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St John Tarails: Maho Bay Goat Trail

St. John Virgin Islands Trails: Maho Bay Goat Trail

Excerpted from St. John Off The Beaten Track © 2006 Gerald Singer
maho bay goat trail map
Maho Bay Goat Trail Map

The quarter-mile Maho Bay Goat Trail connects the Maho Bay Campground with the North Shore Road serving as a shortcut between the North Shore Road at Big Maho Bay Beach and the Campground at Little Maho Bay.

The trail begins near the northern portion of the beach at Big Maho Bay where the road turns sharply to the right and inland.

It is a ten to fifteen minute uphill walk from Big Maho Bay to the campground. On the upper portions of the trail, you will be treated to excellent views of Maho Bay Beach and the north shore of St. John. The two tamarind trees at the top of the trail provide a shady place to sit and rest on the exposed roots between the two trees.

The trail ends below the commissary at Maho Bay Campground. From here the beach at Little Maho can be reached by a series of wooden stairs down to the bay.

Ethel McCully
Ethel McCully, author and colorful St. John personality, made her home at Little Maho Bay from 1953 until her death in 1980. In those days the North Shore Road was only a rough dirt track. It ended at the goat trail, which was the only access to her property.

The story of how Ethel McCully discovered Little Maho is a St. John legend.

Ethel McCully had been working as a secretary in New York. On her vacations she would often come to the Caribbean where she had dreams of someday buying her own house. On one particular winter vacation in 1947 Ethel McCully had gone to the island of St. Thomas in the United States Virgin Islands. From there she booked passage on a Tortola sloop bound for Tortola in the British Virgin Islands.

On the tack that would take the sloop out through Fungi Passage and into the Narrows, the boat passed close by Little Maho Bay. Ethel McCully was enthralled by the sight of the small, perfect beach backdropped by emerald green mountain valleys. She asked the skipper to allow her to go ashore to explore. He replied that it was not permitted because he had already cleared out of United States territory.

Ethel McCully announced that if she could not be taken ashore, she would swim. The crew helped her over the side, and she did just that.

She later bought the property and built a house on the bluff above the bay. She did this with the help of six donkeys and two laborers. Ethel wrote a book about the experience that was to be titled; I Did It With Donkeys. Her publisher said “no” to this idea, and the book was published in 1954 with the title, Grandma Raised the Roof. The roof to her guesthouse, which she called Island Fancy, was actually raised in 1953. Before her literary success with Grandma Raised the Roof, Ethel McCully was a mystery writer and an ambulance driver during World War One.

Ethel McCully
NY Times Article

Ethel McCully’s Fight Against Condemnation
In 1962, St. Johnians discovered at the eleventh hour that a bill giving the Secretary of the Interior the power to increase the National Park's land holdings through condemnation was up for final vote in the United States House of Representatives. Ethel McCully and other St. Johnians, including the late Senator Theovald Moorehead (better known as Mooie) went to Washington in an effort to persuade Congress to defeat the proposed amendment. Mooie talked to congressmen and senators and placed an ad in the Washington Post. Mrs. McCully spoke at a meeting of the United States House of Representatives and expressed her ideas about the condemnation amendment.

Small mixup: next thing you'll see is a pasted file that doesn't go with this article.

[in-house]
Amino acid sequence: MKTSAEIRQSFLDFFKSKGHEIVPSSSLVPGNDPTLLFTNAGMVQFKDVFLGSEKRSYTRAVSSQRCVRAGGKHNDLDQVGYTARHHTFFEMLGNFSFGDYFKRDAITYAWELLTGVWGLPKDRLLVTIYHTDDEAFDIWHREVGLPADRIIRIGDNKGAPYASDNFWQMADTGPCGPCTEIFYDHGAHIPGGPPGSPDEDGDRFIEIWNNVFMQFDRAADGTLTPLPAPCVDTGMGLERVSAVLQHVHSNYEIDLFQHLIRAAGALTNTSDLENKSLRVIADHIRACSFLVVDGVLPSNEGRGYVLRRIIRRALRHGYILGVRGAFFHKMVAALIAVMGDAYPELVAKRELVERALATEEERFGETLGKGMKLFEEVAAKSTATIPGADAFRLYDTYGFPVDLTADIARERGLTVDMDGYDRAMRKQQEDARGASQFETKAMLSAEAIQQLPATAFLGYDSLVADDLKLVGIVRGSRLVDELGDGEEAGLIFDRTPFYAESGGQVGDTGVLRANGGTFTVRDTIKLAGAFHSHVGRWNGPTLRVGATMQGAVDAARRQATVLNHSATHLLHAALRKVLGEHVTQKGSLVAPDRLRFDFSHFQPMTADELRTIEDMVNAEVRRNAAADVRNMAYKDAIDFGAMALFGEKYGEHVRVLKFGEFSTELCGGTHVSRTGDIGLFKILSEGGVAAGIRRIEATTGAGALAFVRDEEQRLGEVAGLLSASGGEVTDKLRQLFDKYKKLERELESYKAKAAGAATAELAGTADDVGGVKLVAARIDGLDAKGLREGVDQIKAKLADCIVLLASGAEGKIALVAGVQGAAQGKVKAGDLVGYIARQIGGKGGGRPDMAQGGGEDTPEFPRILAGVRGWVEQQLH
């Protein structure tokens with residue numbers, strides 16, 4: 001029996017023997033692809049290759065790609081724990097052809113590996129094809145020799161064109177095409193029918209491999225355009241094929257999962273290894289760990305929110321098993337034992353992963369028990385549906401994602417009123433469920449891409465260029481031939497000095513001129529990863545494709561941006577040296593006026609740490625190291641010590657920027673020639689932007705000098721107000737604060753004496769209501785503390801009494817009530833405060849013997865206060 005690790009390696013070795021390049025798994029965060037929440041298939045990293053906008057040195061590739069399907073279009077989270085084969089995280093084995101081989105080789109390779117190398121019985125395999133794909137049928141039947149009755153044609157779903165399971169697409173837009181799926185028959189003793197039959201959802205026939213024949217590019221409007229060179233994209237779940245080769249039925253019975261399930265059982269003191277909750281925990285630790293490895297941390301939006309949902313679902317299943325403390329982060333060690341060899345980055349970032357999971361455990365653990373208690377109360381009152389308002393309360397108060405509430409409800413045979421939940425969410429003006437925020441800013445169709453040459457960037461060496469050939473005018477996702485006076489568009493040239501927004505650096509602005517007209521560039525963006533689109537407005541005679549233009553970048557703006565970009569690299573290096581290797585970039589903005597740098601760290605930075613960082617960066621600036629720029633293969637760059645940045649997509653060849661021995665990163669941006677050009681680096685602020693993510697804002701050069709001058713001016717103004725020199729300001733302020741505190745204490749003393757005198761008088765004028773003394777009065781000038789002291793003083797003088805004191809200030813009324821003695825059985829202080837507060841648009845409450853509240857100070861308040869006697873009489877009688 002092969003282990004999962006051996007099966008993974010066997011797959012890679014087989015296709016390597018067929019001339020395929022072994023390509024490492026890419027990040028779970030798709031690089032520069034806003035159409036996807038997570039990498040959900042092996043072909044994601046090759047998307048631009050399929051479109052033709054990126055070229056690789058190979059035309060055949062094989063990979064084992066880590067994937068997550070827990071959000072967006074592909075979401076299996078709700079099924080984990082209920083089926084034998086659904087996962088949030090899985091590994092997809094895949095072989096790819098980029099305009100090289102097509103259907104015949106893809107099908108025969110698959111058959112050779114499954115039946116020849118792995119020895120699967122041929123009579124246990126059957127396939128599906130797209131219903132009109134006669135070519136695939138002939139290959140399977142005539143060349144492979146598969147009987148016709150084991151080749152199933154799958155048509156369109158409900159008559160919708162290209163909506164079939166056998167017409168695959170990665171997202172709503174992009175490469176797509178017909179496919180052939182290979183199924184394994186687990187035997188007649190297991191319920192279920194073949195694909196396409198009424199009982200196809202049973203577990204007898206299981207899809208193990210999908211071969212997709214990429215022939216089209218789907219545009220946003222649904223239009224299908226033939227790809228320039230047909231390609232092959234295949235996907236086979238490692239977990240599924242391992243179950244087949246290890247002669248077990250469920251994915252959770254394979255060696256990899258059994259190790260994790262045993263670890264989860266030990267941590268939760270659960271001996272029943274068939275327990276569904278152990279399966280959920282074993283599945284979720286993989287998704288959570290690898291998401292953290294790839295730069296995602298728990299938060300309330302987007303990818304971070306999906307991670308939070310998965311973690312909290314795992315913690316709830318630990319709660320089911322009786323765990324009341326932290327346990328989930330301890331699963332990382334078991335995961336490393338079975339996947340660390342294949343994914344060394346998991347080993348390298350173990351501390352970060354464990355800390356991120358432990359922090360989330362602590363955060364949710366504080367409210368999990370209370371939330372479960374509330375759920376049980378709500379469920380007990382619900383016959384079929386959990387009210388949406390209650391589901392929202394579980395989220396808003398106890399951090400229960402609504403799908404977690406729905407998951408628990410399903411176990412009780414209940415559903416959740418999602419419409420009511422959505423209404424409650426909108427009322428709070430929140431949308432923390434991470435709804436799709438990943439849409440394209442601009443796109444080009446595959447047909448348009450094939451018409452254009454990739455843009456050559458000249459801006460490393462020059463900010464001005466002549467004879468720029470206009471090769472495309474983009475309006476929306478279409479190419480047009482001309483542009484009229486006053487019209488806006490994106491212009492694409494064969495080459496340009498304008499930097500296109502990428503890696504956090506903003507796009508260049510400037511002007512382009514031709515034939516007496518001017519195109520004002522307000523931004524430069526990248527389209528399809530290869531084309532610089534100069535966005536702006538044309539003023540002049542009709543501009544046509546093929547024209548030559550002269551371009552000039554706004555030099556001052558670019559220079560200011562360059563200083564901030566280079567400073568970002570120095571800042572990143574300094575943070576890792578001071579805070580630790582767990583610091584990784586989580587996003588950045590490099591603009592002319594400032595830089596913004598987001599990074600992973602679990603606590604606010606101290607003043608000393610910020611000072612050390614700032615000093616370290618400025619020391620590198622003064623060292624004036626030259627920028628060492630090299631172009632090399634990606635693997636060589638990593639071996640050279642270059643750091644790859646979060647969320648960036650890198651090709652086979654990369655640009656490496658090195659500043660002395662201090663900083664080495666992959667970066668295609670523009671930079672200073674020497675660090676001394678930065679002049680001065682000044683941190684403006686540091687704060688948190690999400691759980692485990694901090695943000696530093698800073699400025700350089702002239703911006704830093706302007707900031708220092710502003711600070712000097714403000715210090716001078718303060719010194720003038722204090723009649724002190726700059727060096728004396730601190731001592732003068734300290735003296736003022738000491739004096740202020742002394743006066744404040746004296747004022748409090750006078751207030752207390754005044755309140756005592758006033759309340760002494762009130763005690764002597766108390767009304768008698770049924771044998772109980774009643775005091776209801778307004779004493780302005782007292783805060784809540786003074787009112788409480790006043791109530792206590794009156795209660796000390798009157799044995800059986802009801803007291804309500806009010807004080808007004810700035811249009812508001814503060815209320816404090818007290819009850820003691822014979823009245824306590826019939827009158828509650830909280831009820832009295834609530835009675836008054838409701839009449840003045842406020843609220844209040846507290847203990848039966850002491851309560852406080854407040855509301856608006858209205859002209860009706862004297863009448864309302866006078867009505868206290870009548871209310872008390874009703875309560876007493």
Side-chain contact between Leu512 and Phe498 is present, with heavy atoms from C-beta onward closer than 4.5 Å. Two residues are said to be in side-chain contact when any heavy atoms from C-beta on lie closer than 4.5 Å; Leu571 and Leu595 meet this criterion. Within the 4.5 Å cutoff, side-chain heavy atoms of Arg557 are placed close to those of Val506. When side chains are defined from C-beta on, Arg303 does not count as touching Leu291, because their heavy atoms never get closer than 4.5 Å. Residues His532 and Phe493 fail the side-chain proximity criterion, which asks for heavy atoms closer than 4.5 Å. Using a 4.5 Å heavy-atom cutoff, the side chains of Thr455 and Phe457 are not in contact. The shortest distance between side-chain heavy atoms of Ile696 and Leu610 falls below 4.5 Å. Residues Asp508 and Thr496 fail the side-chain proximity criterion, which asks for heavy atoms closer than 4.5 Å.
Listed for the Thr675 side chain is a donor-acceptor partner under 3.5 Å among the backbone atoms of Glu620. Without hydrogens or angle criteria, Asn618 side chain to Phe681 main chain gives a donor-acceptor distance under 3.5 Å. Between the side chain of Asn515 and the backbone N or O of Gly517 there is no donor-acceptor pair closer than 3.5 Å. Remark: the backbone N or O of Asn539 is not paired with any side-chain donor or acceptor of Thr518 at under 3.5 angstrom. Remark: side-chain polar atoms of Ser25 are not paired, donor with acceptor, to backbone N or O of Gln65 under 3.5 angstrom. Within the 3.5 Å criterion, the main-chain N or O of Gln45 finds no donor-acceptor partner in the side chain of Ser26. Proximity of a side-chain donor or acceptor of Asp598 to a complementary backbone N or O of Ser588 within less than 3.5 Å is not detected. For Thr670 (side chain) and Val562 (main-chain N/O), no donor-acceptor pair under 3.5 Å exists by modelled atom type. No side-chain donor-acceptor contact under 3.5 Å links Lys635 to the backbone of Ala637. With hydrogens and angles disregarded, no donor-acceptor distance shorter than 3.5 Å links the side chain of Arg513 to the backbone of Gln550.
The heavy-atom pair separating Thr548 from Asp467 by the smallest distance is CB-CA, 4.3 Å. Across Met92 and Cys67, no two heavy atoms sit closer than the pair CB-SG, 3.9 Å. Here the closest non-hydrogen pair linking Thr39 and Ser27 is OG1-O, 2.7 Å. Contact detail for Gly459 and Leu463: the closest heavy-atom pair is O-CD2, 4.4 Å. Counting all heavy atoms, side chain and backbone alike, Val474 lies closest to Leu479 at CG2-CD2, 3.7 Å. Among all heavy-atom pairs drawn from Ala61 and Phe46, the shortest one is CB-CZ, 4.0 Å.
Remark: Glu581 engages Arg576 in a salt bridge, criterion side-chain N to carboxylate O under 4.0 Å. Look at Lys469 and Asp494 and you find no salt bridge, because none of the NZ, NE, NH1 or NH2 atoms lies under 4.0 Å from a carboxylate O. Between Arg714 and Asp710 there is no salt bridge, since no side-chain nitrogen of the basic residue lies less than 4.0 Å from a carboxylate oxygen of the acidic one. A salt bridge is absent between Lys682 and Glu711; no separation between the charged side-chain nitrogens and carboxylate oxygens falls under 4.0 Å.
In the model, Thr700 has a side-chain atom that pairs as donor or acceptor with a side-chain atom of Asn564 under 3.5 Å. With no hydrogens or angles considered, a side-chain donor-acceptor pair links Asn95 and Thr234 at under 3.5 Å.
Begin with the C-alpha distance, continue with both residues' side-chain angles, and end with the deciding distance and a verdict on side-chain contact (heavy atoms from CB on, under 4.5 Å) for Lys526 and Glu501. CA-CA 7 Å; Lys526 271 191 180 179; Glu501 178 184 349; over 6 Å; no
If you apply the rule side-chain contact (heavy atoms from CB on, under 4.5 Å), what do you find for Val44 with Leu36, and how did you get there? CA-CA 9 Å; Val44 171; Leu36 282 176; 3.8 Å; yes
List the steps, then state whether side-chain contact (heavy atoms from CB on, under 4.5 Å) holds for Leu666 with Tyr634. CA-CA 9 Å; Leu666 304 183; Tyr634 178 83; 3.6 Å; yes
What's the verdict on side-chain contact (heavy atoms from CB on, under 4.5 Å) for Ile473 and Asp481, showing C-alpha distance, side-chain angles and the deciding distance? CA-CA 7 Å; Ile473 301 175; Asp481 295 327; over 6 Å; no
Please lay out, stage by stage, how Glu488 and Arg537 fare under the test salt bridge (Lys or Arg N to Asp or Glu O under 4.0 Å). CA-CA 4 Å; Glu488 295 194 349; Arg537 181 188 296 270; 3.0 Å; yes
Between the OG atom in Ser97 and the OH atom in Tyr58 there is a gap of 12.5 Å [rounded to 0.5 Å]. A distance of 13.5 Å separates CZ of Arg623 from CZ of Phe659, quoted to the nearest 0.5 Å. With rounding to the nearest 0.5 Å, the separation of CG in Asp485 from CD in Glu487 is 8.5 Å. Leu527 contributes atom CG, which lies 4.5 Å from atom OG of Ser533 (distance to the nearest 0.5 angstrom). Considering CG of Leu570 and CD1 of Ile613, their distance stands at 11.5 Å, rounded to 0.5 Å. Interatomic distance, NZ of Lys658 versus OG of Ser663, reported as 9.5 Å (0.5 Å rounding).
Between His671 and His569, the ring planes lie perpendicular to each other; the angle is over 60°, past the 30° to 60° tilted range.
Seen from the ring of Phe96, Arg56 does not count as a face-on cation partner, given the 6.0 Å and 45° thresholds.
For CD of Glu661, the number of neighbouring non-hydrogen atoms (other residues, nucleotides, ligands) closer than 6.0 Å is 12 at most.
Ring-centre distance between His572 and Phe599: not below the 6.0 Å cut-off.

The following is quoted from an article published in the New York Times on September 9, 1962 by J. Anthony Lukas entitled Grandmother Fights Congress.

A 66-year old grandmother is planning to “raise a little hell” on Capitol Hill this week.

One official had a preview yesterday of the way Mrs. Ethel Waldbridge McCully planned to defend her home in the Virgin Islands from condemnation under a bill before Congress.

The official warned her that a Congressman she planned to approach was “a very difficult man.”

“Well I'm a very difficult woman,” Mrs. McCully told the startled official. So that will make two of us.”

Mrs. McCully, tiny and fragile looking, built her tropical hideaway on the lush, green shore of St. John Island, one of the three main islands in the United States territory in the Caribbean. A successful mystery-story writer, she described her construction task in a book called Grandma Raised the Roof, published in 1954.

But she said yesterday:

“You can change that title now. You can call it ‘Grandma Raises Hell’. Yes, you can say I'm going to raise a little Hell.”

Ask some of the older St. Johnians if they remember Ethel McCully and you may be treated to some entertaining stories.

Ethel McCully died in 1980 at the age of ninety-four. Island Fancy now belongs to the National Park.

Erva Thorp
In the late 1950s Erva Thorp, the former Erva Boulon and her husband Bill built and ran a guesthouse at Little Maho Bay that was called Lille Maho, the old name for Little Maho Bay. Andy Rutnik, Commissioner of Licensing and Consumer Affairs in the administration of Governor Turnbull, and his wife, Janet Cook-Rutnik, now an internationally recognized artist, used to be the caretakers of Lille Maho for Mrs. Thorp.